If you’re looking for something interesting apart from your primary work commitments, selling stock footage online is a great option. The best part about selling footage online is that you can do this in your spare time outside of your other freelance commitments. It also allows you to experiment and flex your creative muscles, that otherwise might not be fully utilized with the day-to-day client work!
One really important aspect of making sure your videos sell is making sure you have crystal-clear footage quality. There is a lot of competition out there, and you need to make sure you are using the latest equipment. Another vital aspect to keep in mind is ensuring your content tells a strong story. For example, stock footage of people is a common and popular subject, because this content is more likely to tell a strong story. With that, don’t be afraid to experiement and find a niche topic! While there is no limit on experimentation – it could be anything, from animals grazing to humans having a walk or simply a stock video timelapse. The quality of the video and your creativity are decisive factors that would affect the saleability of your video footage.
Today, we will discuss how to prepare your footage to make it ready, just as required for selling online. So let’s have a look at these simple but highly effective tips:
Colour Grading Your Footage
Irrespective of the form of art, color is what strikes our eyes first. The same applies to videos too. To fine-tune your video footage and make it look professional, you need to master color grading. It is a process of enhancing the colors in a film in a digital manner. You are free to use your creative judgment and incorporate different color palettes in your videos with the help of color grading. These days, many video editing programs and apps help you get the job done effortlessly.
The whole objective of color grading is to take the footage from a log/flat profile, to a more polished version that is ready for the end-user. It is also an expression of your creativity, which allows you to modify videos as you wish to portray them. To get the hang of color grading, you need to be well-versed with a couple of tools related to it. Once you know what these terms mean, you can adjust them accordingly to gain the desired results. Let’s understand them better:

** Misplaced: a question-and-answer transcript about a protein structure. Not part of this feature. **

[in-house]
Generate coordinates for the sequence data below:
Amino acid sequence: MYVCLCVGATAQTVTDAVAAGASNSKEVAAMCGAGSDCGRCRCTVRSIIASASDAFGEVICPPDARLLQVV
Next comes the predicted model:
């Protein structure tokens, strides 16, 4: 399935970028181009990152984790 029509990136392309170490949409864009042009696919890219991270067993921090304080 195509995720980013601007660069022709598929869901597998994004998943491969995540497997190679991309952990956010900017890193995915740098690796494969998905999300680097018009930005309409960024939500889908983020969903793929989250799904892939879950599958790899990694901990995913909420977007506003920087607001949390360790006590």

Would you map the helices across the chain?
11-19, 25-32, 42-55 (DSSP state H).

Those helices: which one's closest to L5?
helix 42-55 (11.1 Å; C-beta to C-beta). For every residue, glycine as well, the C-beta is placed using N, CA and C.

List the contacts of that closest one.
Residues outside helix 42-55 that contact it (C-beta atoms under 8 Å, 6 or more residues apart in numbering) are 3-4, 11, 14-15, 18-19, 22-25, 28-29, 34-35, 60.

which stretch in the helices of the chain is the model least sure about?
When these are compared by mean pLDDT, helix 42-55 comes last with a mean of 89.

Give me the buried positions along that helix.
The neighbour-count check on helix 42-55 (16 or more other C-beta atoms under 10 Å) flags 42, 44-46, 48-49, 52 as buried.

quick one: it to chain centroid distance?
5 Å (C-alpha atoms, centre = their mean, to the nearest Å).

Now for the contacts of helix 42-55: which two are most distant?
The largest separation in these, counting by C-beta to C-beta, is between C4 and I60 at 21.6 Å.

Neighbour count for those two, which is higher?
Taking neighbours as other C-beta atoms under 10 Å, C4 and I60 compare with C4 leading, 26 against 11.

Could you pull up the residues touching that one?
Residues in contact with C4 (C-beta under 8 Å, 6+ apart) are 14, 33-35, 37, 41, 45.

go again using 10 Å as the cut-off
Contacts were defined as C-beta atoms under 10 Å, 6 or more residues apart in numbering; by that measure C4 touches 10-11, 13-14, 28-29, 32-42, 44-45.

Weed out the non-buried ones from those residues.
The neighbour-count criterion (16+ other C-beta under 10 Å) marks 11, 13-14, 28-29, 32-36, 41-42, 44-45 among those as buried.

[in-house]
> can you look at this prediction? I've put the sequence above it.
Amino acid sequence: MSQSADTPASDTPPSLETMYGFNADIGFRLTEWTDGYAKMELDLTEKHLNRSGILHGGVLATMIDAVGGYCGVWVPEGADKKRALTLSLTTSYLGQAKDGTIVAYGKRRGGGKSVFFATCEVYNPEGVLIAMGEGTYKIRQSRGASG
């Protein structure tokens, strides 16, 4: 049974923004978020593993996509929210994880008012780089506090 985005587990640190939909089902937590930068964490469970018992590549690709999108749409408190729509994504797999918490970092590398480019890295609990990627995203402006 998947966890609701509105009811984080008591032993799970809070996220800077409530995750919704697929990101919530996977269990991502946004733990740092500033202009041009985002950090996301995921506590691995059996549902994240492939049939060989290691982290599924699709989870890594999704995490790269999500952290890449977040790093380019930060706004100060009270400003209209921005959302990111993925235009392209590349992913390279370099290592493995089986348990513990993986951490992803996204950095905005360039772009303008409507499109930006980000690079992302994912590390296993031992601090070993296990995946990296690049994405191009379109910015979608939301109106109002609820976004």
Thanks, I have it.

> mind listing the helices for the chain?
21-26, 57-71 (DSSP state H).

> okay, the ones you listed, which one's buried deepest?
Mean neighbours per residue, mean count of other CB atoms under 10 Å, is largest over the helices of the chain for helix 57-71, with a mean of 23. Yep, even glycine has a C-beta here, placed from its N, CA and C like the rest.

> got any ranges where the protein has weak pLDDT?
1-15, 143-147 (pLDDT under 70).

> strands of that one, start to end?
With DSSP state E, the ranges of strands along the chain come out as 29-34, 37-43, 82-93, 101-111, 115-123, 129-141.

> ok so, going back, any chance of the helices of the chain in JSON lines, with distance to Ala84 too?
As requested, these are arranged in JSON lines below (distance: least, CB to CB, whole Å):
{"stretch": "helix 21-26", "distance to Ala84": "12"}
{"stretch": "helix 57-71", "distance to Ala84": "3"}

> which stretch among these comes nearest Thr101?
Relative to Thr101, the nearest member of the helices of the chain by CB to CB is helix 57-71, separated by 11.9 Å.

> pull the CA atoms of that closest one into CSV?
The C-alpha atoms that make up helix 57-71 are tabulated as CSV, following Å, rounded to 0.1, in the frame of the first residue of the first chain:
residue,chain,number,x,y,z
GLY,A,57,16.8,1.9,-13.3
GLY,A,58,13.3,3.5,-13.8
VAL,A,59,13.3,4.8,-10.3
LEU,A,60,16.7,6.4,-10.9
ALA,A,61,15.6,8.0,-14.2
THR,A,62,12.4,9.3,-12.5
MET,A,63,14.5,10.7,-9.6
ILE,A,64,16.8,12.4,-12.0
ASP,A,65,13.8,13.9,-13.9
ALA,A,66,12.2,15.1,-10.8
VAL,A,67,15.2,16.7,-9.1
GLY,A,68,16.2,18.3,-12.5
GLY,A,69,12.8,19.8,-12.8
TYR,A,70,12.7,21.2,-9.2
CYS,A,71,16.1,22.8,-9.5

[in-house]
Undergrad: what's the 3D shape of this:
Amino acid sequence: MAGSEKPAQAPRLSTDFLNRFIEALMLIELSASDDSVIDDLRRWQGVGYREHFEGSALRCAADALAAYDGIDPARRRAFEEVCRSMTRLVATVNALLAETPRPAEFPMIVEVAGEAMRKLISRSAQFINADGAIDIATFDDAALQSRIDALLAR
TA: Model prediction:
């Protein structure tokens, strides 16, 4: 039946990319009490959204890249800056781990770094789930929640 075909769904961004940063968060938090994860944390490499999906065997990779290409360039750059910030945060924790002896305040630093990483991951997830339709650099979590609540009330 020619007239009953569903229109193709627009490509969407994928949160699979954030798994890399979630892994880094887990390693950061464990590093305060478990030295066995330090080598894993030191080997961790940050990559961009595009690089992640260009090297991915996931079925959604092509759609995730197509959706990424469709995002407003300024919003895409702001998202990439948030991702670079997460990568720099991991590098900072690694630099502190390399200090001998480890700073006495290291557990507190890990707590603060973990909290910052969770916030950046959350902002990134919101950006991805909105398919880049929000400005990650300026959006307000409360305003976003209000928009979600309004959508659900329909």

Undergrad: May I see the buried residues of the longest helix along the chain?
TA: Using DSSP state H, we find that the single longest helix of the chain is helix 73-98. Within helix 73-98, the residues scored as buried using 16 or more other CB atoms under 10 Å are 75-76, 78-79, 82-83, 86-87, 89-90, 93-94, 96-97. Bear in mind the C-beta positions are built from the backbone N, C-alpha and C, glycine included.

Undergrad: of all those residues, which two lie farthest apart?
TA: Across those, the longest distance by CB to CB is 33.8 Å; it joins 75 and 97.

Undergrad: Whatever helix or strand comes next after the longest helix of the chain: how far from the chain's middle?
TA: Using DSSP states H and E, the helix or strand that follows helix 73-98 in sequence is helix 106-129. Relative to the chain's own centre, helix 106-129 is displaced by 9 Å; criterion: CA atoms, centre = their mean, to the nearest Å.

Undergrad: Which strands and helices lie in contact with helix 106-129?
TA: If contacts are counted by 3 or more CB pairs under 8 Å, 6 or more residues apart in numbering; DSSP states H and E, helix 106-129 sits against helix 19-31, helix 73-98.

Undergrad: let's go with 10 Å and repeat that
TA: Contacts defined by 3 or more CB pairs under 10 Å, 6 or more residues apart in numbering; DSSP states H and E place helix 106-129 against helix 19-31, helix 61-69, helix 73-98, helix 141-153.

Brightness and Contrast
Brightness and contrast are dependent on each other. So if you alter the brightness, the contrast of the footage would change too. Brightness is often confused with exposure, but it is important to note that both these terms are not the same.
The exposure tool comes in extremely handy, especially in case of underexposed and overexposed footage. With this tool, you can quickly fix the video and bring it to the proper exposure level.
With white balance settings, you can make the image appear cooler or warmer, as required.
Bluish footage depicts a cooler setting, whereas the warmer one gives out a sunset-like look. But you don’t want your footage to look heavily edited – and this is where white balance helps. It brings a natural look to your footage, making it all the more appealing.
Three-way Colour Corrector
A three-way corrector is a single tool that helps to adjust four different elements – saturation, hue, brightness, and contrast of any given scene. The single-interface corrector ensures you don’t have to alter each of these elements individually.
The Fast Color Corrector